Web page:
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Protect Municipal High-speed Internet Networks

FCC's New National Broadband Plan: Implications for State Policy

The Federal Communications Commission (FCC) this week unveiled the long-awaited plan with a vast array of information and recommendations to address these problems, as well as approaches to maximize the economic and social gains from broadband adoption.

Networking the Green Economy: How Broadband and Related Technologies Can Build a Green Economic Future

Deploying broadband and related communication technologies, including smart meters in the home and smart grids to upgrade our power grid, have the potential of revolutionizing energy management and economic development, according to a new report by the Progressive States Network released in association with our partners, Communications Workers of America, the Sierra Club and the Blue Green Alliance. Last Thursday, leaders from those organizations convened at a panel on Capitol Hill, hosted by U.S. Representative Edward Markey, Chairman of the U.S. House Select Committee on Energy Independence and Global Warming, and joined by Nick Sinai, Director of Energy and Environment for the FCC's Broadband Strategy Plan, to discuss the findings of the report entitled Networking the Green Economy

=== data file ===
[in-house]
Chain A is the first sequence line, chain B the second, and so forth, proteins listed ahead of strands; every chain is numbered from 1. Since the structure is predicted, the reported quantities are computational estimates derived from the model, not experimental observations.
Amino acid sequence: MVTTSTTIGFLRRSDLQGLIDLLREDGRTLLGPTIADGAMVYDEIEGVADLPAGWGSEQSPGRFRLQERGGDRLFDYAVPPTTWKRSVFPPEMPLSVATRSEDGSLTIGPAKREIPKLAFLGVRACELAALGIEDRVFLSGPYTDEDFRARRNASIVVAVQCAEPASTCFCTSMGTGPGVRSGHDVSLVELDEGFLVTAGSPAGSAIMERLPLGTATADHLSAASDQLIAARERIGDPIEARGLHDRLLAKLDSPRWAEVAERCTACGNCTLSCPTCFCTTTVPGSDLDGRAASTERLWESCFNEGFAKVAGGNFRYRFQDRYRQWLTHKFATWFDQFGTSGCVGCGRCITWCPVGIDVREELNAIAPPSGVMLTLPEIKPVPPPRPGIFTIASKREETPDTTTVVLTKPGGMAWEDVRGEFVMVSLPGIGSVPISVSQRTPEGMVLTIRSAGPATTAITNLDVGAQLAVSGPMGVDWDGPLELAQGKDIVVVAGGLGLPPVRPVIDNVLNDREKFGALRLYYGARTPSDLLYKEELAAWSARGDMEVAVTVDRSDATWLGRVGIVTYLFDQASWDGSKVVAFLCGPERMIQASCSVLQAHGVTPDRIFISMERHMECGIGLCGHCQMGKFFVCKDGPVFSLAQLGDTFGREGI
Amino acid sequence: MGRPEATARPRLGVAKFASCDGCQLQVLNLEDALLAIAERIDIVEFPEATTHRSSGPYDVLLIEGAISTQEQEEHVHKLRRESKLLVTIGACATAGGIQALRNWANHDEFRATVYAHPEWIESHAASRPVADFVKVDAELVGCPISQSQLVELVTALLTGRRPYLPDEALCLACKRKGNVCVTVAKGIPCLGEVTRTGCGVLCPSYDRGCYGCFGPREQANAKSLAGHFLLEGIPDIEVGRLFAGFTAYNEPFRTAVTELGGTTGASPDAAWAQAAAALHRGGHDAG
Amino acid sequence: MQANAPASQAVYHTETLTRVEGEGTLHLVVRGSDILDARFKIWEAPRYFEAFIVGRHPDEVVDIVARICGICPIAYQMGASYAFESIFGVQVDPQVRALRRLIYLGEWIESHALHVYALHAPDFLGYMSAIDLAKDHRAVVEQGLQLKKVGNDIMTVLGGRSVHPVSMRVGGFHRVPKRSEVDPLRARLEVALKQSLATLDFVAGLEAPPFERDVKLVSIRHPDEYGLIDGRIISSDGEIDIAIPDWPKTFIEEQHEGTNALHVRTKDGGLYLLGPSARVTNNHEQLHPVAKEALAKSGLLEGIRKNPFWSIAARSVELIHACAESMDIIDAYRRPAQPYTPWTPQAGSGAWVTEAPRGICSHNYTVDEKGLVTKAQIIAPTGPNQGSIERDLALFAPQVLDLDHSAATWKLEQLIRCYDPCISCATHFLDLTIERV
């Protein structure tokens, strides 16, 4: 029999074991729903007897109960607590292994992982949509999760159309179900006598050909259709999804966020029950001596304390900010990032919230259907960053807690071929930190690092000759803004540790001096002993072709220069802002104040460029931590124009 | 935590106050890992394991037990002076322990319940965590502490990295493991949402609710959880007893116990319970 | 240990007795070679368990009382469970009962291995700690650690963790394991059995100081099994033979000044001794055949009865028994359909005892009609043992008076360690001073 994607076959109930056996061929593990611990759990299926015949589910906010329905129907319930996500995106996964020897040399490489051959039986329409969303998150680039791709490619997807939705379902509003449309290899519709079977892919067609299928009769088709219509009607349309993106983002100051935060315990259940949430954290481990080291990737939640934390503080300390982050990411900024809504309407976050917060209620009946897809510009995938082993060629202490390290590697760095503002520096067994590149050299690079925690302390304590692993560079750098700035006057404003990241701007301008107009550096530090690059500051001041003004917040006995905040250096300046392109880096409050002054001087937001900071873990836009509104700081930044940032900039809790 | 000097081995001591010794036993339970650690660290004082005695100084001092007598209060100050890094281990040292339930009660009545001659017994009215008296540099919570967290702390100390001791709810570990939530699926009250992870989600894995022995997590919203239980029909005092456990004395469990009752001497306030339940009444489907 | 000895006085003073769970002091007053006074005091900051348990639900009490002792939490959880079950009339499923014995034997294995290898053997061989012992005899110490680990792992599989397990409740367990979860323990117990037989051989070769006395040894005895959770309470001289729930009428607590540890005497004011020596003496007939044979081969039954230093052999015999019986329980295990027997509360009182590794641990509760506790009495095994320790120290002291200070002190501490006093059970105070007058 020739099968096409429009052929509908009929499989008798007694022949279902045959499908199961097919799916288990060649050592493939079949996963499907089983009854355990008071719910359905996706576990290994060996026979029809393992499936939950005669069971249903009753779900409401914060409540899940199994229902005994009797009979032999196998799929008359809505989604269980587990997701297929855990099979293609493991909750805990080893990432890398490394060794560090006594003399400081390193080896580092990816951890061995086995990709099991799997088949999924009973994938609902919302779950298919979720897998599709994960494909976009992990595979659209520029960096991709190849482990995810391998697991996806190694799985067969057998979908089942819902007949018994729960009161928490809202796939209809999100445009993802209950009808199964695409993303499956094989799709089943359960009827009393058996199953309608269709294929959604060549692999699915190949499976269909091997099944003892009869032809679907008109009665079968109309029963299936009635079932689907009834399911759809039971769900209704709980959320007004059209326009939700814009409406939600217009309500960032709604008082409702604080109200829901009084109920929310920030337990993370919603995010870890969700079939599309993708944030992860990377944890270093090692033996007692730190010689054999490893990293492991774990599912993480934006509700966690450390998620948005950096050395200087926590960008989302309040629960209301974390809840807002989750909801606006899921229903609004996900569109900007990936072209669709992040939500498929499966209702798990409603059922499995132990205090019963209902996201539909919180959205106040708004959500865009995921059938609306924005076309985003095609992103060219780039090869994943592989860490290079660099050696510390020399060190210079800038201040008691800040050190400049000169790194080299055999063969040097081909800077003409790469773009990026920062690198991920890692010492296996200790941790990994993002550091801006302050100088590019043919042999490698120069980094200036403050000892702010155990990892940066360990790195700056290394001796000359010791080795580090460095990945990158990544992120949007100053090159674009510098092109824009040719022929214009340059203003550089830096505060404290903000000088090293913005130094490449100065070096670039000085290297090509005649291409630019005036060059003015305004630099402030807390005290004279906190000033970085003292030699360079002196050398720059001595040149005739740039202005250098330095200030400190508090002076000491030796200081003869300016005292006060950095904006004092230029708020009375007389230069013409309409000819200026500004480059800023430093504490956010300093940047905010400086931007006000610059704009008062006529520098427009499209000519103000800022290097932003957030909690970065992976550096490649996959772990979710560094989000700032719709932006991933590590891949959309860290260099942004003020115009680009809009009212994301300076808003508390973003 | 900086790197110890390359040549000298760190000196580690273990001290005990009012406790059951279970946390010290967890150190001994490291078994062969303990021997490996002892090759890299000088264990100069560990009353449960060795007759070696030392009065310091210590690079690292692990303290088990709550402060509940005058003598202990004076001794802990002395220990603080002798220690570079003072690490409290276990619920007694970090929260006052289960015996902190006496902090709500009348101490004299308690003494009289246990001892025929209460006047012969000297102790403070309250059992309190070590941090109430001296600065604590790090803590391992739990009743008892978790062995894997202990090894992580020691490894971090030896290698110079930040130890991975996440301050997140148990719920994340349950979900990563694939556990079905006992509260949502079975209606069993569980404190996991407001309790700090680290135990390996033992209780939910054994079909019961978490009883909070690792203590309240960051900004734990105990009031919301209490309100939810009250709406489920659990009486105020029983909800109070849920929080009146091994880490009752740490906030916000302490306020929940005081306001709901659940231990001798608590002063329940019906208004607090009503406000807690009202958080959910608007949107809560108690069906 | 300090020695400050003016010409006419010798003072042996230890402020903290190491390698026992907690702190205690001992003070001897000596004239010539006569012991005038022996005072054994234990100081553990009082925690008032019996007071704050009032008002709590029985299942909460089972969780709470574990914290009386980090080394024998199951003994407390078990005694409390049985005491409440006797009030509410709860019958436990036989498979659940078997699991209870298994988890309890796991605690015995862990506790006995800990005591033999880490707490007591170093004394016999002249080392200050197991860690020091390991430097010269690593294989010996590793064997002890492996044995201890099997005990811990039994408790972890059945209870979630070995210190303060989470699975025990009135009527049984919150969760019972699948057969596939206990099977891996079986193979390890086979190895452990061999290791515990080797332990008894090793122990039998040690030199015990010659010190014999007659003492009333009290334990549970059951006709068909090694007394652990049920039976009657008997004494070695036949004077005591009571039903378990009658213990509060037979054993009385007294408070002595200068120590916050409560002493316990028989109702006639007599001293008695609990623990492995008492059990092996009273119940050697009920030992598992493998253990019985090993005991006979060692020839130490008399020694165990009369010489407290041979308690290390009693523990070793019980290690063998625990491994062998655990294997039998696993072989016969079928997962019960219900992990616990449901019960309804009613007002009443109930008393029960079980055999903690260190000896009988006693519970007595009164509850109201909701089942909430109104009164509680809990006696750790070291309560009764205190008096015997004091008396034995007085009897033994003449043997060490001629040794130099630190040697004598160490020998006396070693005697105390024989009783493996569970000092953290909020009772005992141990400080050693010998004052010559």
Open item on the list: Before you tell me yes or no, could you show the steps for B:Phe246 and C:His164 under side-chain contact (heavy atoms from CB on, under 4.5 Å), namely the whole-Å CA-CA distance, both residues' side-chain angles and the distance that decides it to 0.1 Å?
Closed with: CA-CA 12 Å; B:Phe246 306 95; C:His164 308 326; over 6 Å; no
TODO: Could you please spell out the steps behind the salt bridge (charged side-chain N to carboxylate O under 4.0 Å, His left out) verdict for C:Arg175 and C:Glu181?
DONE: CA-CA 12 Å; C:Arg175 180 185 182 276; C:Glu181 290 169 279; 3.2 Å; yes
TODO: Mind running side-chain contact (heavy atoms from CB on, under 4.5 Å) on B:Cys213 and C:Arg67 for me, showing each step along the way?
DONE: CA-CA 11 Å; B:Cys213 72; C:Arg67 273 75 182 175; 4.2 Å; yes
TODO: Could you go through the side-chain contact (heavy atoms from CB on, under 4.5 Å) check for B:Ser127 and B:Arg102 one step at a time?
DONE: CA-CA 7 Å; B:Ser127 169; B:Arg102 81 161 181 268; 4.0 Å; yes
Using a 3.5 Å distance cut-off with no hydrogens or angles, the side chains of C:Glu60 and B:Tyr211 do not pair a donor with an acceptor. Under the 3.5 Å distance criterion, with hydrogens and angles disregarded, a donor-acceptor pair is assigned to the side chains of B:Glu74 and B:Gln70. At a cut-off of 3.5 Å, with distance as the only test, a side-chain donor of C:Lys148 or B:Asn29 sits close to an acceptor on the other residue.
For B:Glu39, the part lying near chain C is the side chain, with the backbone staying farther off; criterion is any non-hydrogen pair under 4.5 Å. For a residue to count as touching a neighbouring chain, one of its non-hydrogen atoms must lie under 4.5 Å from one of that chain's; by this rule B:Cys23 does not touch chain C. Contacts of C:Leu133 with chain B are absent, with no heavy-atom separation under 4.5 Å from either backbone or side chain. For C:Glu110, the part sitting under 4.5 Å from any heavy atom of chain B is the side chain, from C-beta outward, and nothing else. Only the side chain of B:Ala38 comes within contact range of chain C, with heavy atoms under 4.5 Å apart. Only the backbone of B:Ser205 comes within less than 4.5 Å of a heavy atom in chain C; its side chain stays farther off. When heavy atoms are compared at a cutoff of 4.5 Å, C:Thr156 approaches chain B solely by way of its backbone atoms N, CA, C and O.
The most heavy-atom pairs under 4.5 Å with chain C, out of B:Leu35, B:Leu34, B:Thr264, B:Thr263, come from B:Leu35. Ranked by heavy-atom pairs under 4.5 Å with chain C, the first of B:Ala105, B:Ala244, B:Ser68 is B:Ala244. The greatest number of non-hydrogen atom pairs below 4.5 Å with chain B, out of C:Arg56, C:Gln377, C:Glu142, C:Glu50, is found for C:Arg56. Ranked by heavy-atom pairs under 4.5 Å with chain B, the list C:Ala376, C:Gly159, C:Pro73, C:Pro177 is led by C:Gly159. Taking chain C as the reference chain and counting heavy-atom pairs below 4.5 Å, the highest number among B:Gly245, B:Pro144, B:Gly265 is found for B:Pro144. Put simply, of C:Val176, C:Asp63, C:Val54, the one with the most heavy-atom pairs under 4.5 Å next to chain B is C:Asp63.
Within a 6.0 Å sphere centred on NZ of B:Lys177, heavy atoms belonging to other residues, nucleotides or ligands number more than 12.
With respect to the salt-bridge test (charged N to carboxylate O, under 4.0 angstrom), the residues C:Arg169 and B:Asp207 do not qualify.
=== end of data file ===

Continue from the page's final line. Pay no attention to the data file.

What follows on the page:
Overview

Wireless and wired technologies allow municipalities to offer a means to bridge the digital divide. Communities are now building their own wired and/or wireless “Community Internet” systems, using fiber optic cables or unlicensed space on the public airways to provide dependable high-speed Internet connections to homes all across America.

Municipalities seeking to provide affordable high-speed Internet to their residents have had to deal with special interest legislation at the state level designed to shut down municipal networks. In an effort to stifle competition and protect their profits, service providers are pushing bills in state legislatures that would prohibit communities from setting up high-speed Internet networks, prevent competition and undercut local control--even in rural and low-income areas not currently served by large providers. More than a dozen states now have laws on the books restricting cities and towns from building their own high-speed Internet networks.